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With '3 Dots', Sugeeth moves several notches down from his directorial debut 'Ordinary', and cooks up what seems like a hastily shaped film that looks botched beyond repair.
Veeyen
   Sun, 24 Mar 2013
AUDIENCE
           
'3 Dots' is a royal disappointment on account of reasons more than one, the lack of a plausible and inventive story being the most noteworthy of them. It's a comedy that is not especially funny and the drama that follows is not especially dramatic either.

Here is what happens in '3 Dots' in a nutshell. Vishnu (Kunchacko Boban), Pappan (Prathap Pothen) and Louis (Biju Menon) are three ex-convicts who live together at Pappan's abode, trying to pick up from where they had let their lives off before being jailed. The prison counselor Dr. Isaac (Narein), offers them all support, and the trio is hence shocked to realize that the doctor himself is terribly dejected with a custodian battle for his son, with his estranged wife.


Convicts moving out of prisons, and being denied opportunities for a decent living has all been dealt with in several films before, and hence the makers decide to mash it up a bit further by throwing in a bit of mystery into the picture. We have a young kid being kidnapped hence, and some thriller moments making their way in.

It's another matter altogether that these supposedly awe-inspiring moments very rarely thrill, and that you end up patiently waiting for the almost three hour (2 hours and forty minutes, if I remember right) long film to draw to a close, hoping that the 'Ordinary' team treats you with something better the next time around.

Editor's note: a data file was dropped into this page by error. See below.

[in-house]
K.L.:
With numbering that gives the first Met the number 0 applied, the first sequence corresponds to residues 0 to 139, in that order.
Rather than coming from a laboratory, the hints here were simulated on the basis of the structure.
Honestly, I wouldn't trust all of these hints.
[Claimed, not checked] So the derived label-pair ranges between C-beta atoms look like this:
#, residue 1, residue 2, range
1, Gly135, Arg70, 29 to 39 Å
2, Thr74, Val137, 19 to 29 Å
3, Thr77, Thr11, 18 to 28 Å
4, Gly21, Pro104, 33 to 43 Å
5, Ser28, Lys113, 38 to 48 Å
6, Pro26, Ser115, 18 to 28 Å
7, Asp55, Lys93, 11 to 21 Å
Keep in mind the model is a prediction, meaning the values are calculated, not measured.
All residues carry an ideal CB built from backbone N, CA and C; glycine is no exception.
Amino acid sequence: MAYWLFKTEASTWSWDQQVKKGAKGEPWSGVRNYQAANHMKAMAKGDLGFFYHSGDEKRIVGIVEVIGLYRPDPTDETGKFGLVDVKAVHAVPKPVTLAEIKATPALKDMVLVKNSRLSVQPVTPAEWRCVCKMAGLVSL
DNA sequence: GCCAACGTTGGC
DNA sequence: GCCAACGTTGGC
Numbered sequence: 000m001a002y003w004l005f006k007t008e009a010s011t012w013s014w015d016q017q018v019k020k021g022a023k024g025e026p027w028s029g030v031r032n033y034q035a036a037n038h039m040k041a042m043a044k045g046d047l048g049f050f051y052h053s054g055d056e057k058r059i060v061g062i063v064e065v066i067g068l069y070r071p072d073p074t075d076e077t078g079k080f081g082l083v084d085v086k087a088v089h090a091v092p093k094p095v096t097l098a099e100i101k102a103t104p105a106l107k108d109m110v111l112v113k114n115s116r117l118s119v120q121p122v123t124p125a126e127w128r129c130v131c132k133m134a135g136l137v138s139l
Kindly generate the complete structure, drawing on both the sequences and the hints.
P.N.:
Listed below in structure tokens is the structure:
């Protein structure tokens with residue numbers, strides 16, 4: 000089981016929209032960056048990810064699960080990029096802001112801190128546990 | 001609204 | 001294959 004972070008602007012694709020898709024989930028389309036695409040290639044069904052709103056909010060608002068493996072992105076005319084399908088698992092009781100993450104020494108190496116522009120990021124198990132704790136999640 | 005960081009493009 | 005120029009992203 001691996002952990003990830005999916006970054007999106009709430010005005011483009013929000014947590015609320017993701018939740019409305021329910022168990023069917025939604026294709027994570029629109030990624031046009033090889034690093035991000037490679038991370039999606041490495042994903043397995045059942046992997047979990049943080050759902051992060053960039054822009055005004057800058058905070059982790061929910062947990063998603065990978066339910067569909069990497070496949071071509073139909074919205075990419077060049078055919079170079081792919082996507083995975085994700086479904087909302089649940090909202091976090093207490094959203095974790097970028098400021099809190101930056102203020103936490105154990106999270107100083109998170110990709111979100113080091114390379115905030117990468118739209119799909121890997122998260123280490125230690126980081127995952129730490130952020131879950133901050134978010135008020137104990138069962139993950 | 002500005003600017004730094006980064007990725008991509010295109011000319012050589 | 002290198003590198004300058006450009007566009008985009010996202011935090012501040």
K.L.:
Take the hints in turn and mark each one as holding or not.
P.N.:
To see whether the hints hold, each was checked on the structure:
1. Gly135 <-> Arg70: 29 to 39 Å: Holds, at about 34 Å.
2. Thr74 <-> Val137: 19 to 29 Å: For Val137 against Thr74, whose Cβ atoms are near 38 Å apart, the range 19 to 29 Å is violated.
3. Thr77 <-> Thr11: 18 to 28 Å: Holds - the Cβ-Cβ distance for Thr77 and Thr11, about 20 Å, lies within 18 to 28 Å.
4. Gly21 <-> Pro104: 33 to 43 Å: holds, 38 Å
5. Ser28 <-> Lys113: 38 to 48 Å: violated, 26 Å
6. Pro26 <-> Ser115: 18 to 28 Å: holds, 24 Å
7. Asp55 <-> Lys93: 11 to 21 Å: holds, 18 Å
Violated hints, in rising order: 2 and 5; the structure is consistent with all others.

There aren't many interesting ideas in '3 Dots' that get you all perked up, and hence the film depends solely on the one-liners that it shoves into the mouths of its leading men, to keep you engaged and entertained. There is the romance bit that works partially, and by partially I mean, of the two romantic tracks one seems to have some verve while the other loses steam in no time. Surprisingly its Louis and Grace (Anjana Menon) who seem to pull it off, while the love that strikes between Vishnu and Lakshmi barely impresses beyond the compatibility in their names.

There are plenty of songs as well that appear to have been wedged forcefully into the proceedings, and when yet another song makes it appearance almost three fourth into the film, you end up totally wound up. Why is it that these songs cannot be done away with, especially when they serve no point whatsoever in propelling the story forward?

Several films flash across your mind as you watch '3 Dots', as precise situations in it remind you of them, one after the other. There are also instances of sequences that appear to be direct imitations of similar, better executed scenes, like the one in which Louis tries to teach a vexed student (Dhananjayan) the basics of driving.

Of the three male leads, no prizes for guessing that Biju Menon walks away not with just the cake, but the entire bakery itself. Kunchacko Boban and Prathap Pothen appear meek in comparison, while of the lady leads Anjana Menon does a decent job of playing the single mother, while Janani Iyer leaves a lot to be desired when it comes to her performance.

With '3 Dots', Sugeeth moves several notches down from his directorial debut 'Ordinary', and cooks up what seems like a hastily shaped film that looks botched beyond repair. A few nontoxic gags are what it puts on offer, and beyond the laughter it leaves your thoughts wholly unstirred.
Critic: Veeyen
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